Real-time passive volume responses of astrocytes to acute osmotic and ischemic stress in cortical slices and in vivo revealed by two-photon microscopy
Article first published online: 20 AUG 2008
Copyright © 2008 Wiley-Liss, Inc.
Volume 57, Issue 2, pages 207–221, 15 January 2009
How to Cite
Risher, W. C., Andrew, R. D. and Kirov, S. A. (2009), Real-time passive volume responses of astrocytes to acute osmotic and ischemic stress in cortical slices and in vivo revealed by two-photon microscopy. Glia, 57: 207–221. doi: 10.1002/glia.20747
- Issue published online: 20 NOV 2008
- Article first published online: 20 AUG 2008
- Manuscript Accepted: 27 JUN 2008
- Manuscript Received: 5 APR 2008
- National Institutes of Health. Grant Number: RO1 NS057113
- Heart and Stroke Foundation (Ontario). Grant Number: T-4478
- Canadian Institutes of Health Research. Grant Number: MOP69044
- anoxic depolarization;
- volume regulation;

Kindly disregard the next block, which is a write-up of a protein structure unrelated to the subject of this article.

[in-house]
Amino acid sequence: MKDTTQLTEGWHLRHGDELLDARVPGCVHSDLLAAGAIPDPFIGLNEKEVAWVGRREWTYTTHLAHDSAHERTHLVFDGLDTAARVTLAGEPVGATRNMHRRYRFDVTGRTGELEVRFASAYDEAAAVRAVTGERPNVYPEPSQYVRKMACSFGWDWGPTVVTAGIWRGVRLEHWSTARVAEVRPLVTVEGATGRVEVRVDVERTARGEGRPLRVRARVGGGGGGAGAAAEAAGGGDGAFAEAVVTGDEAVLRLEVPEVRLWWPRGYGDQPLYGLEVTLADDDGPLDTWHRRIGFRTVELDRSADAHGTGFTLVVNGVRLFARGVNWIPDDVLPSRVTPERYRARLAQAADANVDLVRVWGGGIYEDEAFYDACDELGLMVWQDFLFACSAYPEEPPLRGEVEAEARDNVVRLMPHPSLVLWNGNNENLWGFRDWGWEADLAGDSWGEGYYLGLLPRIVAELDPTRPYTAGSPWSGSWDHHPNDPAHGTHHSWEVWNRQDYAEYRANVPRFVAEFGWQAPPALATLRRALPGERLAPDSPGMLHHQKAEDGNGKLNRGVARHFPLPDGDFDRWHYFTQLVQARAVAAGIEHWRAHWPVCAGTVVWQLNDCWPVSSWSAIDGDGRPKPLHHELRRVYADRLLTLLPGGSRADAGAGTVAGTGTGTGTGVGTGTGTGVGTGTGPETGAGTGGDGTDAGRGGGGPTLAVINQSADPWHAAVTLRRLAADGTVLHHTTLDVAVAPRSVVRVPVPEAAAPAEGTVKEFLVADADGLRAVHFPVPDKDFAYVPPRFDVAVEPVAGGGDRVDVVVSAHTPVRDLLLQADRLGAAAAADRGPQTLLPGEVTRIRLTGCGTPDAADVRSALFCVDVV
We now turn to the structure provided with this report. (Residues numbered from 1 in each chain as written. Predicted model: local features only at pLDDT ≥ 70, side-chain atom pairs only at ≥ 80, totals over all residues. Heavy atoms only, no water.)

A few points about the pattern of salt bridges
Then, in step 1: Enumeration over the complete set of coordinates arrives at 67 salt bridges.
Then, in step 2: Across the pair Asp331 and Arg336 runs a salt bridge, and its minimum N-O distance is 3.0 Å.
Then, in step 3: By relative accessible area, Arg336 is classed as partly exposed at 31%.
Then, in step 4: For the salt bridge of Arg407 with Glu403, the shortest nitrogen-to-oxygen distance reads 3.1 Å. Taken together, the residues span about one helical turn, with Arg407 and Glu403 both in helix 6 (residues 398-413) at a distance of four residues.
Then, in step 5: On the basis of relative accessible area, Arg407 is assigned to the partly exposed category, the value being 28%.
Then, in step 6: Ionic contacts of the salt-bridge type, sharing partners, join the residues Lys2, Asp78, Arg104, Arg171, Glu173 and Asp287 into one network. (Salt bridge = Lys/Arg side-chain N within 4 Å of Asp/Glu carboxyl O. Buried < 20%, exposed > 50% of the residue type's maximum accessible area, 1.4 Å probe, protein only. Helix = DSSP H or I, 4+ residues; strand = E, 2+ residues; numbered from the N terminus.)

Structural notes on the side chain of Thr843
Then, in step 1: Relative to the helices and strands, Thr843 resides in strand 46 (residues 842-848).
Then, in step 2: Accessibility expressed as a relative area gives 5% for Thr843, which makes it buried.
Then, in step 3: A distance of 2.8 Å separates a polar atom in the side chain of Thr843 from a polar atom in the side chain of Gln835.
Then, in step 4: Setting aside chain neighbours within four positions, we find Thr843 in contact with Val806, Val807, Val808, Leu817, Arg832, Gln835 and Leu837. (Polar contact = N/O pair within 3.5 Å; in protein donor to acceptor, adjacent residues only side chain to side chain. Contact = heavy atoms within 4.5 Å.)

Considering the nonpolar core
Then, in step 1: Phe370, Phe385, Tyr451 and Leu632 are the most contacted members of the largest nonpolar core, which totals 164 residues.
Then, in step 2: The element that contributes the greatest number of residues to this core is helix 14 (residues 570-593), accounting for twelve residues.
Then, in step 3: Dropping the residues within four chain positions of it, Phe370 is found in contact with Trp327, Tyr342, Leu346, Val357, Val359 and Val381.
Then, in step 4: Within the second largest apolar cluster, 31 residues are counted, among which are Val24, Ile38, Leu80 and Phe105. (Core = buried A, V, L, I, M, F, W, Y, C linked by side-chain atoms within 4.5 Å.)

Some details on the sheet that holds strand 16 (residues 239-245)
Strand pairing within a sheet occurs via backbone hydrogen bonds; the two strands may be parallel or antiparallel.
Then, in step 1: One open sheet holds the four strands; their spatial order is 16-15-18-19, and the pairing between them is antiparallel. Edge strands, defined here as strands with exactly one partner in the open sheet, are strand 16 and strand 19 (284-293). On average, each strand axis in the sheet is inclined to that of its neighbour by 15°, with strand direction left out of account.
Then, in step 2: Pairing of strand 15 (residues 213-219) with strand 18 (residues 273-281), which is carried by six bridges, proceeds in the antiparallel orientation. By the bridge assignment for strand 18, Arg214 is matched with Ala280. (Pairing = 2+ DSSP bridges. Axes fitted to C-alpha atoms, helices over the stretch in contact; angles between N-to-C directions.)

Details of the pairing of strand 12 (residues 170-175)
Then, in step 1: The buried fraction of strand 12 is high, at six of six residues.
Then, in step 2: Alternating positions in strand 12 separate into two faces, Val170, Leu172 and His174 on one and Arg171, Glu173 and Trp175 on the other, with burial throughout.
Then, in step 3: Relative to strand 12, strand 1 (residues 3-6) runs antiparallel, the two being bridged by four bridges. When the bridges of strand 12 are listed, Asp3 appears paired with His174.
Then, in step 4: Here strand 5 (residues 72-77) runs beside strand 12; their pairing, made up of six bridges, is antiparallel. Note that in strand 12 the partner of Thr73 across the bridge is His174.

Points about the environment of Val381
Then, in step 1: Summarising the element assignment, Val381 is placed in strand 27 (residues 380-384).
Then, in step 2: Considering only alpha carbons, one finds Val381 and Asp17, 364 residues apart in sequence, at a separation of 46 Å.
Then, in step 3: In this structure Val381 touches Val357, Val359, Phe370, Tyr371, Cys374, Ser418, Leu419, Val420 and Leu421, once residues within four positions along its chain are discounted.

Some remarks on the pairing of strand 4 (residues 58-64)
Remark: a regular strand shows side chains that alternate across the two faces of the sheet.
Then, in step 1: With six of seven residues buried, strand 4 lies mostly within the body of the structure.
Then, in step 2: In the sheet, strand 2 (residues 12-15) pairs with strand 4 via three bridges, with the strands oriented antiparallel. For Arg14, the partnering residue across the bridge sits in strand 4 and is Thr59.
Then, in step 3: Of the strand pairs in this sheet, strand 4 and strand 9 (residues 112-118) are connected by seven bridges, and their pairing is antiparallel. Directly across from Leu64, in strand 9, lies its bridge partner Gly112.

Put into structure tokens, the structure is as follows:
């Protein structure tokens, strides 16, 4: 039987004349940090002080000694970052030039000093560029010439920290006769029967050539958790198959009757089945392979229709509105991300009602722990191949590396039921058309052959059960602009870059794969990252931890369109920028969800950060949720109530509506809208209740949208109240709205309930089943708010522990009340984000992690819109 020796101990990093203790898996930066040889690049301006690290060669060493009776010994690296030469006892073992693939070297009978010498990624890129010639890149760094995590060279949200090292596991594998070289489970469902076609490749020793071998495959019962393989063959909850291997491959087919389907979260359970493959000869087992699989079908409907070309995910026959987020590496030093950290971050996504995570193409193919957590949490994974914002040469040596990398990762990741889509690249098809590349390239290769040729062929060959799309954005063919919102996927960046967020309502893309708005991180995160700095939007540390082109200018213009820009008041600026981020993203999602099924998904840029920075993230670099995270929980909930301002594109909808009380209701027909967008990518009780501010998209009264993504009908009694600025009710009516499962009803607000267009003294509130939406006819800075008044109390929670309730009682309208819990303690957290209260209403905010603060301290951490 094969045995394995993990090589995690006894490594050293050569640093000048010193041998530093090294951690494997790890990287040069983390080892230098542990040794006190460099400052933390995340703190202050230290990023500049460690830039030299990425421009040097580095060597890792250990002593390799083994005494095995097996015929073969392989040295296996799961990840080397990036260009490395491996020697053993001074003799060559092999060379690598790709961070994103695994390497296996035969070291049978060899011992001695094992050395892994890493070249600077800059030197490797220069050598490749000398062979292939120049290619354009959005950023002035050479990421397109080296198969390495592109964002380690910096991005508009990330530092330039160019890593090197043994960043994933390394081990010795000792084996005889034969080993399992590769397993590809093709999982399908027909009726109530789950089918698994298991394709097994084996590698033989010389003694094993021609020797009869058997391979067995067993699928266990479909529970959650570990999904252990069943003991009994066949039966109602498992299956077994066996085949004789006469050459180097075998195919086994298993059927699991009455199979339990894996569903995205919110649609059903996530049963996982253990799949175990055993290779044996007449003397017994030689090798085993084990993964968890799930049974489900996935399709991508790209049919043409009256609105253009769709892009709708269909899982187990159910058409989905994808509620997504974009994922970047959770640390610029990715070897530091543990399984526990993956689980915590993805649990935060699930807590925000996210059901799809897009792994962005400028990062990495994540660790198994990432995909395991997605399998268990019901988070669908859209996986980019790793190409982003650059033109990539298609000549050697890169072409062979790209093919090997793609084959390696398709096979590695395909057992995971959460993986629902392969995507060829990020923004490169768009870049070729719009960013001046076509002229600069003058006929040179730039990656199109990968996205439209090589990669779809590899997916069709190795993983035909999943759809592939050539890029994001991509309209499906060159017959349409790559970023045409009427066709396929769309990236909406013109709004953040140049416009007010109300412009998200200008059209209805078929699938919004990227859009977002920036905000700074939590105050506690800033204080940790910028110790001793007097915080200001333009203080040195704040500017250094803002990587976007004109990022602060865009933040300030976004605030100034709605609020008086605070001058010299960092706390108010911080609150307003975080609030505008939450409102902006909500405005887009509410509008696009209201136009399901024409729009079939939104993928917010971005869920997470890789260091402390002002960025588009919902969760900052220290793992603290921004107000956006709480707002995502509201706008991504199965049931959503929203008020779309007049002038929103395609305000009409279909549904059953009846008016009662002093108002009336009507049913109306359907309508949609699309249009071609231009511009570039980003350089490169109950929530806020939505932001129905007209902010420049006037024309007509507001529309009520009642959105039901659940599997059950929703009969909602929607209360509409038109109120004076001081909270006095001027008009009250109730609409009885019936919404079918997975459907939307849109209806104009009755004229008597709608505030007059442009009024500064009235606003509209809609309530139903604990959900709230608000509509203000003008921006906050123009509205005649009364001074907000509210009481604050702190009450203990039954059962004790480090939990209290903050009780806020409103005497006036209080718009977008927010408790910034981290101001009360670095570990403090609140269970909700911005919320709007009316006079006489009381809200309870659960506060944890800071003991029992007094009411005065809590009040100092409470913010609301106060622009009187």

The brain swells over the several minutes that follow stroke onset or acute hypo-osmotic stress because cells take up water. Measuring the volume responses of single neurons and glia has necessarily been confined to isolated or cultured cells. Two-photon laser scanning microscopy enables real-time visualization of cells functioning deep within living neocortex in vivo or in brain slices under physiologically relevant osmotic and ischemic stress. Astrocytes and their processes expressing green fluorescent protein in murine cortical slices swelled in response to 20 min of overhydration (−40 mOsm) and shrank during dehydration (+40 or +80 mOsm) at 32–34°C. Minute-by-minute monitoring revealed no detectable volume regulation during these osmotic challenges, particularly during the first 5 min. Astrocytes also rapidly swelled in response to elevated [K+]o for 3 min or oxygen/glucose deprivation (OGD) for 10 min. Post-OGD, astroglial volume recovered quickly when slices were re-supplied with oxygen and glucose, while neurons remained swollen with beaded dendrites. In vivo, rapid astroglial swelling was confirmed within 6 min following intraperitoneal water injection or during the 6–12 min following cardiac arrest. While the astrocytic processes were clearly swollen, the extent of the astroglial arbor remained unchanged. Thus, in contrast to osmo-resistant pyramidal neurons (Andrew et al., 2007) that lack known aquaporins, astrocytes passively respond to acute osmotic stress, reflecting functional aquaporins in their plasma membrane. Unlike neurons, astrocytes better recover from brief ischemic insult in cortical slices, probably because their aquaporins facilitate water efflux. © 2008 Wiley-Liss, Inc.